German Wedding Invitation Details


Our family has a photo of the framed wedding invitation of my 2nd great aunt and uncle. It's a charmingly simple one. When I first came across it, I loved that it was printed in German even though the wedding was being held in Chicago.

The family story is that Helene Bruhn had always wanted to move to the United States. Having lost her husband in 1899 in an accident, Helena Bruhn decided to sell the family farm and in 1901 joined the three of her children, including Anna, who had already made the journey. My great-grandfather, Hans and his younger last three siblings joined her on the Phonecia.

Just the next year, Helene was sending out invitations to her daughter Anna's wedding.

Anyone who can read cursive today can read the letters even without knowing any German or being familiar with the often mysterious Kurrent handwriting or the sometimes frustrating Fraktur printing.

You can get the main gist - Anna is marrying Rudolf Heinkel on September 17, 1902 at 6419 May Street in Chicago, Illinois. But sometimes it's the detail that is fun and opens up new questions - in this case, ones which I haven't answered.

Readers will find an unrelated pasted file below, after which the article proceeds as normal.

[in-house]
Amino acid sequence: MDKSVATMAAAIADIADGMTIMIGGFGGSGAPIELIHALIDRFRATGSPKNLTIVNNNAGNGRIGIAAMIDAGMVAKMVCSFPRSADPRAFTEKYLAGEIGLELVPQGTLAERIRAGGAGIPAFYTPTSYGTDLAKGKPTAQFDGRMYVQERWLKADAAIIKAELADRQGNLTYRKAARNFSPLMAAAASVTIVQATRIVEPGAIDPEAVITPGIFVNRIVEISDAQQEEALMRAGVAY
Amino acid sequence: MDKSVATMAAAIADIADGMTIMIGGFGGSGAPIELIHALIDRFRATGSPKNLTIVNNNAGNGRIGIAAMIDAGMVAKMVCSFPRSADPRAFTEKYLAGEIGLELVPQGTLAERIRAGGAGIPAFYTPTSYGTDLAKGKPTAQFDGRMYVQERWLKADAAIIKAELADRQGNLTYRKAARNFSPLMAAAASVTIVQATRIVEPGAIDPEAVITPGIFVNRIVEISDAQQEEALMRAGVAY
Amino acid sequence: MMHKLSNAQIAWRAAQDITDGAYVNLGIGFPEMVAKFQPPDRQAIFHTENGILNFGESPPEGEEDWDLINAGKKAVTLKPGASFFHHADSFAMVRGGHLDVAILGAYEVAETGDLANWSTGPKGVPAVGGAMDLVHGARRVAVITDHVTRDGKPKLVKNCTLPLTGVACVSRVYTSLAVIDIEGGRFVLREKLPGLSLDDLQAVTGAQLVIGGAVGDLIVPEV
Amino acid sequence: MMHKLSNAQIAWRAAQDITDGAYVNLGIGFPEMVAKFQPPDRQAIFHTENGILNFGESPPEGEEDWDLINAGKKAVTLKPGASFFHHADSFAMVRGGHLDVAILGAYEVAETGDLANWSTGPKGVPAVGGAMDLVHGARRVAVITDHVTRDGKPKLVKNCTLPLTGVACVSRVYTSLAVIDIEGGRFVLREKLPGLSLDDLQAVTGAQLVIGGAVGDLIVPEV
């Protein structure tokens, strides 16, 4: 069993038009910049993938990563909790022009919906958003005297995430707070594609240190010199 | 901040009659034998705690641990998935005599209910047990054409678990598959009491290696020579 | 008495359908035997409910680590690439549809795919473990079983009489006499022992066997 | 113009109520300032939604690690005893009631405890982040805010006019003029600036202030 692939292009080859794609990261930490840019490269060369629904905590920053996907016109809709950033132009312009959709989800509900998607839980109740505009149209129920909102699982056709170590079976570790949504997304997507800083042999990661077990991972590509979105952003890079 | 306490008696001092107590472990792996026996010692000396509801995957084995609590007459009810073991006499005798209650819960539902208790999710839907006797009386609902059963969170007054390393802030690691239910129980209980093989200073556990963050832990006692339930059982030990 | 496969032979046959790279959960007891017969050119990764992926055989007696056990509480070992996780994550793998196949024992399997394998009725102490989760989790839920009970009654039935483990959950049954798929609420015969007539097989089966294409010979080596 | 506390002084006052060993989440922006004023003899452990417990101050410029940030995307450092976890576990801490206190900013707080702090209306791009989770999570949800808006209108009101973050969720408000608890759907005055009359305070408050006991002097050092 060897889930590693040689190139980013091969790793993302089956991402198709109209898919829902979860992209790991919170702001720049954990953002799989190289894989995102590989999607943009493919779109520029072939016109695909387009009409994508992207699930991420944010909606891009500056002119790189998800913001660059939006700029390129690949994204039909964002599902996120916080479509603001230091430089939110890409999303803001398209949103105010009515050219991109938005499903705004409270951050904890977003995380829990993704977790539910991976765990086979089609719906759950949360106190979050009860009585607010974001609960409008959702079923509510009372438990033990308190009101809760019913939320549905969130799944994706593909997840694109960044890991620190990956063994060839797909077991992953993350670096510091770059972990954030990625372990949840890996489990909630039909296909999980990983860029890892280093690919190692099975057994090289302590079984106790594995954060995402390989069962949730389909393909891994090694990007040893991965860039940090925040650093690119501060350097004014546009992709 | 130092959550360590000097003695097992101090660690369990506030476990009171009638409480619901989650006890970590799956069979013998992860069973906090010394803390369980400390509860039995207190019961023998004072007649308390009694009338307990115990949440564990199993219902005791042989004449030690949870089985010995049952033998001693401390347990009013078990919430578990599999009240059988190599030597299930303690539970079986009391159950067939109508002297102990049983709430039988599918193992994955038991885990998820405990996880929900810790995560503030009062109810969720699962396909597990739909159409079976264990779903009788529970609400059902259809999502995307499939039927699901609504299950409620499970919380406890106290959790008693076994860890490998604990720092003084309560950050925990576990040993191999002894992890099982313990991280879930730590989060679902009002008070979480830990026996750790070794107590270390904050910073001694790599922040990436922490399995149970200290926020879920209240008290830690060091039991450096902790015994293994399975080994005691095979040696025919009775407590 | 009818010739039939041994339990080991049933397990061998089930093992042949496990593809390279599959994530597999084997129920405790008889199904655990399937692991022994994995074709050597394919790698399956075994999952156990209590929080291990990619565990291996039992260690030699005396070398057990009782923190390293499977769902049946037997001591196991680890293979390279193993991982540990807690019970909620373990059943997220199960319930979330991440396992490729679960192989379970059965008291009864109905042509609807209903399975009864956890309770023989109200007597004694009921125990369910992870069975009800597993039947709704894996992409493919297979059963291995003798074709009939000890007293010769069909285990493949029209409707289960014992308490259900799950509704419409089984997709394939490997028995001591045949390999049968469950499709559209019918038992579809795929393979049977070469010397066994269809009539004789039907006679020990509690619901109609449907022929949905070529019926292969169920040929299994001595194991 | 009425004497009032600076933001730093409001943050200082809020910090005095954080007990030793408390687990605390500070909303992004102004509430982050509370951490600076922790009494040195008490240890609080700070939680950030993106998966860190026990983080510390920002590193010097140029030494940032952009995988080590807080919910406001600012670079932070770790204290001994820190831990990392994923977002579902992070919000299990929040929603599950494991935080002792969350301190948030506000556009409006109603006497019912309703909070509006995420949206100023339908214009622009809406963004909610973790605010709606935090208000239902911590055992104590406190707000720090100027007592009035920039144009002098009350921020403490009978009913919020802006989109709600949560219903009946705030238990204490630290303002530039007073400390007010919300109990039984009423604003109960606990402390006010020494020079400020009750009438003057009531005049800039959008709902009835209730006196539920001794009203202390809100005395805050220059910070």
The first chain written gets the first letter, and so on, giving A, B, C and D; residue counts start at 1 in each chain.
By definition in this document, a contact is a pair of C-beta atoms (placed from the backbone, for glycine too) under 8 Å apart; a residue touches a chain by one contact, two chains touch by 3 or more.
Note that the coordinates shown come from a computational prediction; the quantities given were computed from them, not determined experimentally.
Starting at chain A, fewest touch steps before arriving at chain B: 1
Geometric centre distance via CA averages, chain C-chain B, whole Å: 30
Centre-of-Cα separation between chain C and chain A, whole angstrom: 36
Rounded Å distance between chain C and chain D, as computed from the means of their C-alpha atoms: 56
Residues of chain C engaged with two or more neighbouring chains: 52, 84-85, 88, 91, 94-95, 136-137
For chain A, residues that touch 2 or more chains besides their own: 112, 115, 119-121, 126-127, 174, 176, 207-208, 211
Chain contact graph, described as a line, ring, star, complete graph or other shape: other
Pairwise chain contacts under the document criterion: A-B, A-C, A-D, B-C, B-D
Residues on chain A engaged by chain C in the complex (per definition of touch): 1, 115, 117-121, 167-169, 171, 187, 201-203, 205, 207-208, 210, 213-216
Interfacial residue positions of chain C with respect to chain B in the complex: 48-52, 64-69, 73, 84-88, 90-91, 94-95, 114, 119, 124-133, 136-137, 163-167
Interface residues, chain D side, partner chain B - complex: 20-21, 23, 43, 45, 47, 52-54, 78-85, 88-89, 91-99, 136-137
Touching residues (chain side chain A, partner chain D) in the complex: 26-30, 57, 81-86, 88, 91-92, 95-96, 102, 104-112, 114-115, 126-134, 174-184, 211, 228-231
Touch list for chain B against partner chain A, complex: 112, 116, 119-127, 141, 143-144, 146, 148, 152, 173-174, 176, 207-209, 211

I just loved it when I realized that the couple was getting married in the apartment of my 2nd great grandmother, Helene Bruhn, and her daughter Anna. It quickly gave me a snapshot that it couldn't have been a large wedding.

The wedding was also on a Wednesday at 7pm which seems an odd day of the week and unusually late in the day- maybe they wanted to wait until people were off work, but it does seem a funny time.

I wonder if Anna was already expecting their first son (he was born the following year), or if perhaps the couple came from different religions. Helene's name was on the invitation, so it seems like she was wanted to have this wedding happen. I don't know many details (yet).

I do know, however, that the marriage was a fruitful one. We have a photo from 26 years later of the family. Anna and Rudolf had six good looking kids.

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